Steve Foucault

June 28, 2011

Just under a month ago, Steve Foucault peered in for a sign. Now he is coming set. He’s in a different uniform—the away ensemble—and it seems as if his hair may be longer. He’s still working away on a big chaw in his right cheek, and he’s still got the walrus facial hair. In both cards, trees line the horizon, and in this card there also seem to be members of the Oakland A’s in the distance.

This weekend my very pregnant wife and I went for a walk. The doctor said going on walks would help get the baby in position, or something along those lines. I forget the specifics. I am finding it more and more difficult to process information with any accuracy. I’ve been reading books on pregnancy and labor and all the facts and instructions seem to partially or completely disintegrate on contact with my mind. Anyway, the walk was good. We ended up over by the lake, where there’s a small sandy beach. It was a gray day, not that warm, but some kids were still splashing around and playing Frisbee in the water. We sat on a bench on a concrete slab up above the beach, next to another bench that had a pair of women’s shoes sitting on it. One early morning a few weeks earlier, I’d been running on this beach when two young deer appeared around the corner of the abandoned-looking building at the edge of the beach. There’s nothing but big rocks around that corner, so their appearance seemed inexplicable to me. They followed me for a while. I kept looking back and there they were, clambering on their spindly legs up the beach, stepping unsurely on the sidewalk leading away from the beach, moving toward Sheridan Road. Sheridan Road is a busy street with a McDonald’s and a red line El station and homeless people and, on rusted racks, the bones of half-pilfered bicycles. I lost sight of the fawns when I turned the corner onto this street, and I don’t know what became of them. When my wife and I sat on a bench this weekend at that beach I thought of them and thought of this kid on the way.

When a pitcher comes set after getting the sign he most commonly focuses his gaze downward, or perhaps even inward, gathering himself, gathering resolve. In this photo Steve Foucault seems instead to be gazing off into the distance.

 Sometimes I find myself kind of praying.


Steve Foucault

May 31, 2011

I studied poetry in college. That was my primary focus. I also played a lot of pickup basketball, wrote fiction fragments and long-winded essays, got a combined “anthropology/sociology” minor, drank a lot of beer and smoked a lot of pot, though less so as the years went on, and was often fairly lonely, an emotion I channeled into poems, I guess, though I don’t remember ever writing anything directly and honestly about my own daily life. Instead I tried to write chiseled nature odes like Gary Snyder or yowling apocalypse rags like Allen Ginsberg. As I neared the end of college, a panic set in. I went around to different teachers I’d had and asked them what I should do with myself. They had no answers, at least none that I can remember, and the basic gist of the conversations was as follows:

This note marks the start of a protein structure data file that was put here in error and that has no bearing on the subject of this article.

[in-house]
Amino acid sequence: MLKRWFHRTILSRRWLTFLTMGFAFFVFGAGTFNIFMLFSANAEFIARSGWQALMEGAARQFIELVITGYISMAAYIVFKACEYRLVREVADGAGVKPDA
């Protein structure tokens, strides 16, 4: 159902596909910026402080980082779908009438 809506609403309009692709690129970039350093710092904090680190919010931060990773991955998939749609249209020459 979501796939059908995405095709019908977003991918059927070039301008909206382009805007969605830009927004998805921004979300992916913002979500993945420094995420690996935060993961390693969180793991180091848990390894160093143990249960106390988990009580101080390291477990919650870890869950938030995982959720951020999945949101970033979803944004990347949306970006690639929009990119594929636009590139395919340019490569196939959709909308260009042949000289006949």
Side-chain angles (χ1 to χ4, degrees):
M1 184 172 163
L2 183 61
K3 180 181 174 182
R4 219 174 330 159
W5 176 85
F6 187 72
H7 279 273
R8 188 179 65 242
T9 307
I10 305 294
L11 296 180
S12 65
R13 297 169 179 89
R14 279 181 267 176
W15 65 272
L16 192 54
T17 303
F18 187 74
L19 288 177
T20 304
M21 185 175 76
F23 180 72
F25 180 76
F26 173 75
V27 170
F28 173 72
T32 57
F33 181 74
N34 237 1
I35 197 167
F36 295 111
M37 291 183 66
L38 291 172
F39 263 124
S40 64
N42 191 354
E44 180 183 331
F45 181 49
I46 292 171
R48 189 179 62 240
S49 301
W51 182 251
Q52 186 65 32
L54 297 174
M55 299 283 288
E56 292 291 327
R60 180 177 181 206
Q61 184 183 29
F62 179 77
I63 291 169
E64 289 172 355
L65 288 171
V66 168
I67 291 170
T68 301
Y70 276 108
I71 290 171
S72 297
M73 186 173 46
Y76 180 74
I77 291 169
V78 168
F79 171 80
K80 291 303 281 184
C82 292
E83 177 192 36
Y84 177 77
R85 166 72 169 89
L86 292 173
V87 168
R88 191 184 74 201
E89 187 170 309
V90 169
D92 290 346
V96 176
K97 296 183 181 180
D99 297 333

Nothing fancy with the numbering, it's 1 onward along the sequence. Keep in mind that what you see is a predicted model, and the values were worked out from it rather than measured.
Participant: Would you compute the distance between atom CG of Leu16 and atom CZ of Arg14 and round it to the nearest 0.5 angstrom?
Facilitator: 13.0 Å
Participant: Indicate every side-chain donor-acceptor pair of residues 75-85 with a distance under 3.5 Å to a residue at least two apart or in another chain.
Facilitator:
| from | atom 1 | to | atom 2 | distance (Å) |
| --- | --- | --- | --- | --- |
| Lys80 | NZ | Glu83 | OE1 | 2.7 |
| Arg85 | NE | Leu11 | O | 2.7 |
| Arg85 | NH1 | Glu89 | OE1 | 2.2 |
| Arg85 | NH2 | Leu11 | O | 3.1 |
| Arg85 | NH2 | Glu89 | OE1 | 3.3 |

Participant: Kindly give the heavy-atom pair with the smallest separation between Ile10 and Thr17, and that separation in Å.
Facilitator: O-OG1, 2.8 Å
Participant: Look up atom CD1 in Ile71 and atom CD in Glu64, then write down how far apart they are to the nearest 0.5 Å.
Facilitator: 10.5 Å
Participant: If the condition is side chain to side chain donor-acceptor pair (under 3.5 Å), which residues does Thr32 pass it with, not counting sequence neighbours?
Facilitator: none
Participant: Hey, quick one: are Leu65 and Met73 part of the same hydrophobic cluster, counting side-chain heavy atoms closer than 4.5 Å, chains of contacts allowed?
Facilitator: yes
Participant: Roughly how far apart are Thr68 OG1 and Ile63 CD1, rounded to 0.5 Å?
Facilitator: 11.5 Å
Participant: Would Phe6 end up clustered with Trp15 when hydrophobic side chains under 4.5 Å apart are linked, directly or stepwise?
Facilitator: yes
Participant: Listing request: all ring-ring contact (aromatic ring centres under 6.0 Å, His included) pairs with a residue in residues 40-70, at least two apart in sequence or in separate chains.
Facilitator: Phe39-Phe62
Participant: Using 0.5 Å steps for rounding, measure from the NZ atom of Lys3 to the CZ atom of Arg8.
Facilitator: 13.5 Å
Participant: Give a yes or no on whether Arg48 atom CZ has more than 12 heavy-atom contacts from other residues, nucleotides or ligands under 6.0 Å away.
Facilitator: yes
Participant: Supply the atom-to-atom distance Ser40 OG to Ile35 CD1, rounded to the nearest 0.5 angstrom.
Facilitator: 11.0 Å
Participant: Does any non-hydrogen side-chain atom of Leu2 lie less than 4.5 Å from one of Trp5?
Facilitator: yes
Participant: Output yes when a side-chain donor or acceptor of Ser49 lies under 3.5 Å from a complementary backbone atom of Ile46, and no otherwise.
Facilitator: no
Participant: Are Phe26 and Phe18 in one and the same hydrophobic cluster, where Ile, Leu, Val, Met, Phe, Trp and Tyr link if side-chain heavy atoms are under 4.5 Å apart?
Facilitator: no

Me: Um, well . . . help me?
Teacher: It was great having you in class.
Me: I don’t really want to leave.
Teacher: Have a nice summer!

I don’t blame them. In fact even moments after the conversations I’d feel ashamed of myself for trying to corner them into giving me an answer to something I couldn’t even frame as a distinct question. What were they supposed to do? I’m older now than most of them were then, and I certainly couldn’t give anybody any answers, and anyway it’s not the kind of thing someone can resolve for someone else. You can look in for a sign, like Steve Foucault is doing in his 1975 card, and you might even get one, but then you’ve got to straighten up, take a deep breath, and throw the pitch. And most likely things will be exactly as they are for Steve Foucault in this 1975 card: in truth there’s no one to provide a sign. You have to fake it.

I was 22 then and am nearly twice that age now, and I haven’t changed that much, in that I still would prefer to be—the crux of my problem then and now—somehow exempted from having to work. Can’t I just read and shoot hoops and occasionally turn in a paper on Zen meditation or the Deep Imagists? Last night my pregnant wife and I were talking about labor, how it’s brutal on the mother yet even more wrenching for the kid, though thankfully none of us remember this first trauma. Everything’s just fine in the womb, nice and warm, all the sustenance you need, then, wham, you start getting shoved downward toward a tiny tunnel, then through the tunnel and out into the cold and a blinding brightness. Life begins, and forever long as you’re alive that pattern is repeated, each moment or passage of time ending in an ejection to another transitory interlude until, finally, that one last ejection into some other world, or nothing, or who knows.